The common thought is that guys can’t get enough sex and want it anywhere and everywhere, but how accurate is that assumption? Of course, since people and their bodies are so individual, their appetite and preferences for everything from food to sex greatly vary. But what is considered normal? If you’re not trying to get pregnant (which is a whole different conversation), how often should you even have sex?

The gist: Is a man's sex drive always higher?

Generally speaking, most men are thought to have a higher sex drive than most women simply due to their abundance of testosterone coursing through their veins. When you throw in the burden of periods, pregnancies, and PMS, (not to mention the caretaking duties that many women take over), it’s easy to see why it is assumed that the female sex drive tends to fall lower than male, but that's not true in every case.

The controversy: When his drive is less than ideal

It’s a sensitive subject. We all have that friend who has a higher sex drive than her partner. If it’s you, you may not feel comfortable discussing with your friends for fear they may judge your partner. The problem looms when the guy feels inadequate for not wanting sex as much as you think he should, which only reinforces his insecurities, or the woman feels judged for wanting a normal, healthy life activity. When vulnerabilities are high, as they are when sex is involved, feelings are on high alert. In addition, many young men today become addicted to the abundance of readily available pornographic material and their sex life suffers. 

Our take: Every couple is different

Listen up and listen well: if you and your partner are happy and satisfied with your sex life, it really doesn’t matter how many times a week or month you have sex. Some couples brag about three times a day and some are perfectly satisfied with once a month.

Keep in mind that just because he may have a lower sex drive, that doesn't necessarily mean he has a low desire. It may be a lack of self-confidence. If a man believes his penis is inadequate or that he is not pleasing his partner the way he would like, the issues are related to self-esteem which may account for the low libido. In that case, fixing the self-esteem issues is the first step.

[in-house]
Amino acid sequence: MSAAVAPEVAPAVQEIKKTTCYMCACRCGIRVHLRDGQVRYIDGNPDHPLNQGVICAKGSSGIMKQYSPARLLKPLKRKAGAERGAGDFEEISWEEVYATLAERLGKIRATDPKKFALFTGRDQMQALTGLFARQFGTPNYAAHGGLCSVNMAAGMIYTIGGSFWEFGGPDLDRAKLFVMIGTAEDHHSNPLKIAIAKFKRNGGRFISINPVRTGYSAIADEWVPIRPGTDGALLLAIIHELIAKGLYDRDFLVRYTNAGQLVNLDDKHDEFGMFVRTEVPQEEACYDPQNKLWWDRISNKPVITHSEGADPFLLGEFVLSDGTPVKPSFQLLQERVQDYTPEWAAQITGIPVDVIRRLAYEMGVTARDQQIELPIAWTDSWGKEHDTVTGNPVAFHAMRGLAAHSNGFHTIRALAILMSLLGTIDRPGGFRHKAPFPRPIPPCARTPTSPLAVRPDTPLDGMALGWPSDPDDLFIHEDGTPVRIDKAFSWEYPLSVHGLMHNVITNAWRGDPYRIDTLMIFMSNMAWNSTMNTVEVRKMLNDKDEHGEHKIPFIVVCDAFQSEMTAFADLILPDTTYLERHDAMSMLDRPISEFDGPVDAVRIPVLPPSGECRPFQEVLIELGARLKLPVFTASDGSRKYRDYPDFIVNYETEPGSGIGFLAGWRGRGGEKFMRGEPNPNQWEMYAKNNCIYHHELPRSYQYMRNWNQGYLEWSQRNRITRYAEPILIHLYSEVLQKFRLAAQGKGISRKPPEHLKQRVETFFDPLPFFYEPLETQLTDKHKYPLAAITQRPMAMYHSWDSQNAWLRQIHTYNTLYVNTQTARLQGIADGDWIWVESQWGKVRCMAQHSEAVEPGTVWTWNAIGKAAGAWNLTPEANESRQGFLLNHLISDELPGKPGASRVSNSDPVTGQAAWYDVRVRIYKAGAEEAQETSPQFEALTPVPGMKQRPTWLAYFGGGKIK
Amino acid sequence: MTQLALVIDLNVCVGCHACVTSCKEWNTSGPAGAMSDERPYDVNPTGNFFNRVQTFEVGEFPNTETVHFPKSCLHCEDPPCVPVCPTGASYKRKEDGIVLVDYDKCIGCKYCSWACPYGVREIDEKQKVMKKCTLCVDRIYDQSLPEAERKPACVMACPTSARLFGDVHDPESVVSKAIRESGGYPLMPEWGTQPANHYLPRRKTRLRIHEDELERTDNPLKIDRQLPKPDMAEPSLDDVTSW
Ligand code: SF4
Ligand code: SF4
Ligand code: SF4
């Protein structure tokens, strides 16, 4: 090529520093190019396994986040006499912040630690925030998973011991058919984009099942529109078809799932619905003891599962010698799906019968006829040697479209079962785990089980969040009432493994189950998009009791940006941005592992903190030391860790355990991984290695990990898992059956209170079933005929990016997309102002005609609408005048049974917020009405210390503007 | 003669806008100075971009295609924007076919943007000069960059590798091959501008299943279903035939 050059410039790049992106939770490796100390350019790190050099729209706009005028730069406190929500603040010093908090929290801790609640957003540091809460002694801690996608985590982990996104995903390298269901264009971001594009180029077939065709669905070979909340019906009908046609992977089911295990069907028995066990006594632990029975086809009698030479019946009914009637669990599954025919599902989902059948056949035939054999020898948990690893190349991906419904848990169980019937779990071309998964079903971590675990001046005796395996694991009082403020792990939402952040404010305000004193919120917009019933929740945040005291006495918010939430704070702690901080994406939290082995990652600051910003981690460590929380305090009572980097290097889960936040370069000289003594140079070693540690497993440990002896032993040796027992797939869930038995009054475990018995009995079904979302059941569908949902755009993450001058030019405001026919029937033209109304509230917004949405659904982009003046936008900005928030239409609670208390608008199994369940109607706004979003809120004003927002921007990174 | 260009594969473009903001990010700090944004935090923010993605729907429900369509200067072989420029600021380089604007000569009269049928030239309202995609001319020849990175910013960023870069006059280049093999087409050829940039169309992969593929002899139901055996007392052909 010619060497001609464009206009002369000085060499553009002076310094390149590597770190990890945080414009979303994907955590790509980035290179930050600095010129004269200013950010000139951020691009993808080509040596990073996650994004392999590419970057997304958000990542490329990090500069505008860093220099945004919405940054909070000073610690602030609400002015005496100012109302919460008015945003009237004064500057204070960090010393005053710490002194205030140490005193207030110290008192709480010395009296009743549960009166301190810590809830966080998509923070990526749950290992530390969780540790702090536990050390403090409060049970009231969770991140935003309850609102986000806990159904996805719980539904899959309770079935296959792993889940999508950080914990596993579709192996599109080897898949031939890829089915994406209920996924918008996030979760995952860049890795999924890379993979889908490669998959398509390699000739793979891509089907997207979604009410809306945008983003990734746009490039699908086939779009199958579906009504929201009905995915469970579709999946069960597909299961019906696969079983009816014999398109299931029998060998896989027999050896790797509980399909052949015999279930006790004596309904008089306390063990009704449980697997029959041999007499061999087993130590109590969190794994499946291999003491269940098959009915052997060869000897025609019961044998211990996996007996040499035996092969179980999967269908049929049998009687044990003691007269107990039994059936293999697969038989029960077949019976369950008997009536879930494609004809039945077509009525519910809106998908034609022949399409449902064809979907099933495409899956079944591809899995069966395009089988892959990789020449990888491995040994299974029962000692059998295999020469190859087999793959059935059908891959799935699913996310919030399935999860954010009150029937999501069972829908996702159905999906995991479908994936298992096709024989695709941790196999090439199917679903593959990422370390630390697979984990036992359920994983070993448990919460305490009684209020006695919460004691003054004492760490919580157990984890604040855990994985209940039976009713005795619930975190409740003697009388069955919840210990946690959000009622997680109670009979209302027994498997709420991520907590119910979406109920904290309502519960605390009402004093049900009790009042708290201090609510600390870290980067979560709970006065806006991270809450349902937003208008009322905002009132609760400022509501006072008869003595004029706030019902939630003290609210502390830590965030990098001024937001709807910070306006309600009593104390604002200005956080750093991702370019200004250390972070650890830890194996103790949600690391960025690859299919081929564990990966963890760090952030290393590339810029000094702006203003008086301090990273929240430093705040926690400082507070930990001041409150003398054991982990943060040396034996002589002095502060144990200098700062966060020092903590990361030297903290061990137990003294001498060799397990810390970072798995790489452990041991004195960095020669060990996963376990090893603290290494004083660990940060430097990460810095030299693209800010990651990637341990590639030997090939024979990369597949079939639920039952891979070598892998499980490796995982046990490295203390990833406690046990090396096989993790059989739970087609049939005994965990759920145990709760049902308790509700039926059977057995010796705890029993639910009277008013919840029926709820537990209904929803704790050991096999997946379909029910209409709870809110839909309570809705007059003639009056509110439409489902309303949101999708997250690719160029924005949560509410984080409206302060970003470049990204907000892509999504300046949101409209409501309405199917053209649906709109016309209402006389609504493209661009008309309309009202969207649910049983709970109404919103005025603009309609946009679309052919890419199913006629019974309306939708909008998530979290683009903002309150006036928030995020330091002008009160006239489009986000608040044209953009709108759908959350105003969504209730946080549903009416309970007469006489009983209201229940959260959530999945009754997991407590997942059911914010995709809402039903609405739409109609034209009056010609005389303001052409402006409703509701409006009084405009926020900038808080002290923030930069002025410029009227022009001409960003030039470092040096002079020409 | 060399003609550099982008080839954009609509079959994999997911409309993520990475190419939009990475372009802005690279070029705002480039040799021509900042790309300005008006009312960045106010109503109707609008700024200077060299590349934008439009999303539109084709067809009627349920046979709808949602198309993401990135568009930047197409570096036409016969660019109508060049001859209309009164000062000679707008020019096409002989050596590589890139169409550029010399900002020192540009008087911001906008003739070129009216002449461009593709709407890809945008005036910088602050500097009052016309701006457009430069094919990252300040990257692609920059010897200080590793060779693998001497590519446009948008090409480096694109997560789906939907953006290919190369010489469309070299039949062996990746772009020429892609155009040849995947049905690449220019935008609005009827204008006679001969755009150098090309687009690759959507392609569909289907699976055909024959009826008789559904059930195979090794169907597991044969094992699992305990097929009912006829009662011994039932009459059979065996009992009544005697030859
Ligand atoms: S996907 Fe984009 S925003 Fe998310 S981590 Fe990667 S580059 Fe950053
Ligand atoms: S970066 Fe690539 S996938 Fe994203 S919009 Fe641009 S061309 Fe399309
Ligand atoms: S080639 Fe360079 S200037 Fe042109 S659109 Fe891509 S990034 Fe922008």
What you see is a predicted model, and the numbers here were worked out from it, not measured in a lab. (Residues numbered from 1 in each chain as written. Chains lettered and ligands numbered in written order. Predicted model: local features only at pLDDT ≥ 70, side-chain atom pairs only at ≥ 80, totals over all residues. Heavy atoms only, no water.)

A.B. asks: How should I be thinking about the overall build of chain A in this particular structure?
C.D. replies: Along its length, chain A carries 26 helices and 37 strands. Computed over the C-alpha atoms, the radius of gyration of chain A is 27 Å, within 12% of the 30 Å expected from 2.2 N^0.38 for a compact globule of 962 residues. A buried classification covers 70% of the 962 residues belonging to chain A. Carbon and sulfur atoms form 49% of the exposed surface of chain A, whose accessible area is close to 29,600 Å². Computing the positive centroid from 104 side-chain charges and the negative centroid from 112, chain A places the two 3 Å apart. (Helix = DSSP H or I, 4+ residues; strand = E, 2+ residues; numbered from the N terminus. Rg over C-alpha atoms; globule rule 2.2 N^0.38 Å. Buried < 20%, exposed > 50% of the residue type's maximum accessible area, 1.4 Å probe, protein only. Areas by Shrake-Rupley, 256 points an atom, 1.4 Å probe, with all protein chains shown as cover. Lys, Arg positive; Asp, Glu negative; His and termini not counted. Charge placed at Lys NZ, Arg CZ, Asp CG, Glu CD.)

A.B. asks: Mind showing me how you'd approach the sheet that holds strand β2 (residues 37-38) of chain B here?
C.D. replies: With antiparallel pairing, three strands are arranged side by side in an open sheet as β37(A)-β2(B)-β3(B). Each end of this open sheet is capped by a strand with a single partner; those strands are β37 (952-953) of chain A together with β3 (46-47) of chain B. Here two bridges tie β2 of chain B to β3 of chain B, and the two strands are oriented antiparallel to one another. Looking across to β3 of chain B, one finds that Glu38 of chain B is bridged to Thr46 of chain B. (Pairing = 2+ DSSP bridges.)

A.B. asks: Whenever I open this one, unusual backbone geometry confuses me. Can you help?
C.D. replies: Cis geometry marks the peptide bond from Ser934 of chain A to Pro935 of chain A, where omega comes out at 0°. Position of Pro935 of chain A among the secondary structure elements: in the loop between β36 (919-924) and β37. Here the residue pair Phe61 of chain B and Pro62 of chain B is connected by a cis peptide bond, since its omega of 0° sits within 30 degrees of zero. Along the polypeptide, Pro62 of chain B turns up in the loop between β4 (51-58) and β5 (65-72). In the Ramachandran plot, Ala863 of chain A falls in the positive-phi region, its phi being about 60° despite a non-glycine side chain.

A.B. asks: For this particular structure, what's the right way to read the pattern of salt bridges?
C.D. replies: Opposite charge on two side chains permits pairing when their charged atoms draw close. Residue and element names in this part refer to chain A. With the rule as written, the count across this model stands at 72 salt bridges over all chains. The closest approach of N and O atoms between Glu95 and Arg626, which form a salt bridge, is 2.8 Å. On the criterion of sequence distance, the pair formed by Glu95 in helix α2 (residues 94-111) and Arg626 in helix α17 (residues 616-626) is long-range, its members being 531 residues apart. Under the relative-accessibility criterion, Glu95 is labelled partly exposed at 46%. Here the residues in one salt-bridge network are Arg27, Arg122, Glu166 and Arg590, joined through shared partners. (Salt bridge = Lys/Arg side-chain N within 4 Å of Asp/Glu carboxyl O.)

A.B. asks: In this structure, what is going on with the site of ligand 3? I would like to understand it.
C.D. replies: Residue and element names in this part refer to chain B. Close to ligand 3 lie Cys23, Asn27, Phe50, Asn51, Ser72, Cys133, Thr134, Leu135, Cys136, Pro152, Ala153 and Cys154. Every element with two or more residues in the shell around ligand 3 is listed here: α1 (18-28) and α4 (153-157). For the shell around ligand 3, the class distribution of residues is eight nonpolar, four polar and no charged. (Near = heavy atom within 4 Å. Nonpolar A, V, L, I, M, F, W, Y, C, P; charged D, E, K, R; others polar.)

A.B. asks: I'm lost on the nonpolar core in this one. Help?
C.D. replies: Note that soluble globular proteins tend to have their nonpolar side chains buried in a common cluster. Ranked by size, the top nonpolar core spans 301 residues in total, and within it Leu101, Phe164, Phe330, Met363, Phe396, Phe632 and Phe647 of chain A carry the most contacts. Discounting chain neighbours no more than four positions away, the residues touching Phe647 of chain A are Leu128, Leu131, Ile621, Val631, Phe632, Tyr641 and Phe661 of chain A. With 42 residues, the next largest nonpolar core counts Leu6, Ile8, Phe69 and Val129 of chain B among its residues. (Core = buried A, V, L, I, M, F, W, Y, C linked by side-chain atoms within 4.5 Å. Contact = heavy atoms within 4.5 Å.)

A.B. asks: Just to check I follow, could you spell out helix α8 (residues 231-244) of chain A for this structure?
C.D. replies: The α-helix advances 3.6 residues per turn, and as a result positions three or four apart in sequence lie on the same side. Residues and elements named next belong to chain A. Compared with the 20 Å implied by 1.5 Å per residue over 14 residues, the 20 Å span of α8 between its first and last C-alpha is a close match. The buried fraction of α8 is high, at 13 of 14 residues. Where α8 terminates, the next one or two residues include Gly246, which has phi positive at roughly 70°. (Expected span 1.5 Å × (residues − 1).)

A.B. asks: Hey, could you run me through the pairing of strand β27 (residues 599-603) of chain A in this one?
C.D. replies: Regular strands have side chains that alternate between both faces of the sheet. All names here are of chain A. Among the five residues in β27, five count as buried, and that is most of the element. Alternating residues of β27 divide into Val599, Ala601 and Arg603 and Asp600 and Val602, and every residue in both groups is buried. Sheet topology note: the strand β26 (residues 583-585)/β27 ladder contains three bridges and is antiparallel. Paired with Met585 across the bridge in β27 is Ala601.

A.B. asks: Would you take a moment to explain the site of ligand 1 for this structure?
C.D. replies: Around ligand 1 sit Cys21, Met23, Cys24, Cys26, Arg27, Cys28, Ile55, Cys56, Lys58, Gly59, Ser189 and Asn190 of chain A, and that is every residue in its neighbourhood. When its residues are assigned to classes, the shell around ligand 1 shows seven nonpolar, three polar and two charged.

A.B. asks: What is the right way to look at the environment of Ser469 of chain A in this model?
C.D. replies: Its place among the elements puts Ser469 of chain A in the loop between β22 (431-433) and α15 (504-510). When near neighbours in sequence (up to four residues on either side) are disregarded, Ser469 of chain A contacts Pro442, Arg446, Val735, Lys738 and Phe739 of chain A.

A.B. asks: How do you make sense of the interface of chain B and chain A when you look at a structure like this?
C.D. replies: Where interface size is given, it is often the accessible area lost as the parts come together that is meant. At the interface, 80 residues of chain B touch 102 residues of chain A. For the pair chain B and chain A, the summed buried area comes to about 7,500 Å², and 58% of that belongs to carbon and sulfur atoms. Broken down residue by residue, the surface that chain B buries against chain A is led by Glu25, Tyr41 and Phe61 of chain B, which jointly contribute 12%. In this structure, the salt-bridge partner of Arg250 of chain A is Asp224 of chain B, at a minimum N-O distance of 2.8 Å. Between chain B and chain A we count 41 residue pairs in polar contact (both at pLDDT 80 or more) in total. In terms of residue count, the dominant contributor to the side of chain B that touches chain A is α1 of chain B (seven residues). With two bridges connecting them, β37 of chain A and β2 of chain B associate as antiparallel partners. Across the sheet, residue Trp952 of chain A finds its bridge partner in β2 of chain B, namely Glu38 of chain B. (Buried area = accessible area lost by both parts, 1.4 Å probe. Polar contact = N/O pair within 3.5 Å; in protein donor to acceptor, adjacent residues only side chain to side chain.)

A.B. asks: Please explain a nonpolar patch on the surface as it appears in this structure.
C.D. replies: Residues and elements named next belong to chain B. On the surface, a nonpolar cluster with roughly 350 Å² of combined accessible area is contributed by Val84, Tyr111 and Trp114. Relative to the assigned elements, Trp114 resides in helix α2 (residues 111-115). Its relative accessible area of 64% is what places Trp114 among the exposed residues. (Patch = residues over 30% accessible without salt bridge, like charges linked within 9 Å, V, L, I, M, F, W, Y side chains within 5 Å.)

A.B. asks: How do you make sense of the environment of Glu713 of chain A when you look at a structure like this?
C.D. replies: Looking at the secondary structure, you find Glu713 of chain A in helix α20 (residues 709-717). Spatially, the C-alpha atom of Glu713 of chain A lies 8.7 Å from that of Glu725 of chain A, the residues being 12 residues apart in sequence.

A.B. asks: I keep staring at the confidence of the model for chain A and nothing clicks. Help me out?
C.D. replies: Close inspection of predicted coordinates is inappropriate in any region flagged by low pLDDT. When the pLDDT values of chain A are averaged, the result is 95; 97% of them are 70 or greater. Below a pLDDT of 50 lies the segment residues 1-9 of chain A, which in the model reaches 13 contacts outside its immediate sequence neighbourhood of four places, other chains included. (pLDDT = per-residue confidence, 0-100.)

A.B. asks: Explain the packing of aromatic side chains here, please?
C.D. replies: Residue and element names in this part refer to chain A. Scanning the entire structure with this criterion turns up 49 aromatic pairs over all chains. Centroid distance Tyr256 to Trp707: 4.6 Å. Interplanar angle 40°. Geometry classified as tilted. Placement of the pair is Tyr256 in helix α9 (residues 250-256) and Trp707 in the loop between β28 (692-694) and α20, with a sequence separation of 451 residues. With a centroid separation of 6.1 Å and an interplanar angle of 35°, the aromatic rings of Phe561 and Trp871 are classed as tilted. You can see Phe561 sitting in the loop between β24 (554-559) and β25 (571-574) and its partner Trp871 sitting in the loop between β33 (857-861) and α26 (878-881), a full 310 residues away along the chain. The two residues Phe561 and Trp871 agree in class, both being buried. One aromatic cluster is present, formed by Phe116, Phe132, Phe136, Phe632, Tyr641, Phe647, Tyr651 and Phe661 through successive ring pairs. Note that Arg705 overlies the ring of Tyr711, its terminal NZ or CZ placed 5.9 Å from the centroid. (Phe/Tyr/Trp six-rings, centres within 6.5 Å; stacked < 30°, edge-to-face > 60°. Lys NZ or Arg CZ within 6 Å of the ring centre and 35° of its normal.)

However, if your partner’s libido has drastically changed from what it used to be, a conversation (and perhaps a doctor’s appointment) may be in order. Keep in mind, most men have performance issues at some point in their lives which can be caused by anything from stress to a medical condition. Others have mental and emotional issues tied into sex which can inhibit their performance. Sometimes a frank discussion can help alleviate much of the anxiety surrounding expectations.

How to Bring the Thrill Back to the Bedroom! 

To sum it up: Pay attention to changes, not opinions

If his drive has drastically changed, or you are consistently unsatisfied, talk about it and see a doctor. On the other hand, if his drive has always been slightly lackluster and you’re OK with it, remember, it’s nobody’s business how you set up your sex life. In the end, if you and your guy are happy, that is really all that matters.

More 'Real Body Talk': 
Tracking My Period Is Annoying, Do I Have To Do It?

Are Your Precious Acai Bowls All They’re Cracked Up To Be?
Is CBD Really the Cure-all It Claims to Be?
Real Body Talk: Is Sex During Your Period Safe?

Read More:
How to Boost the Male Libido
Sexual Dysfunction in Men and Women
Why Does Great Sex Seem So Unattainable?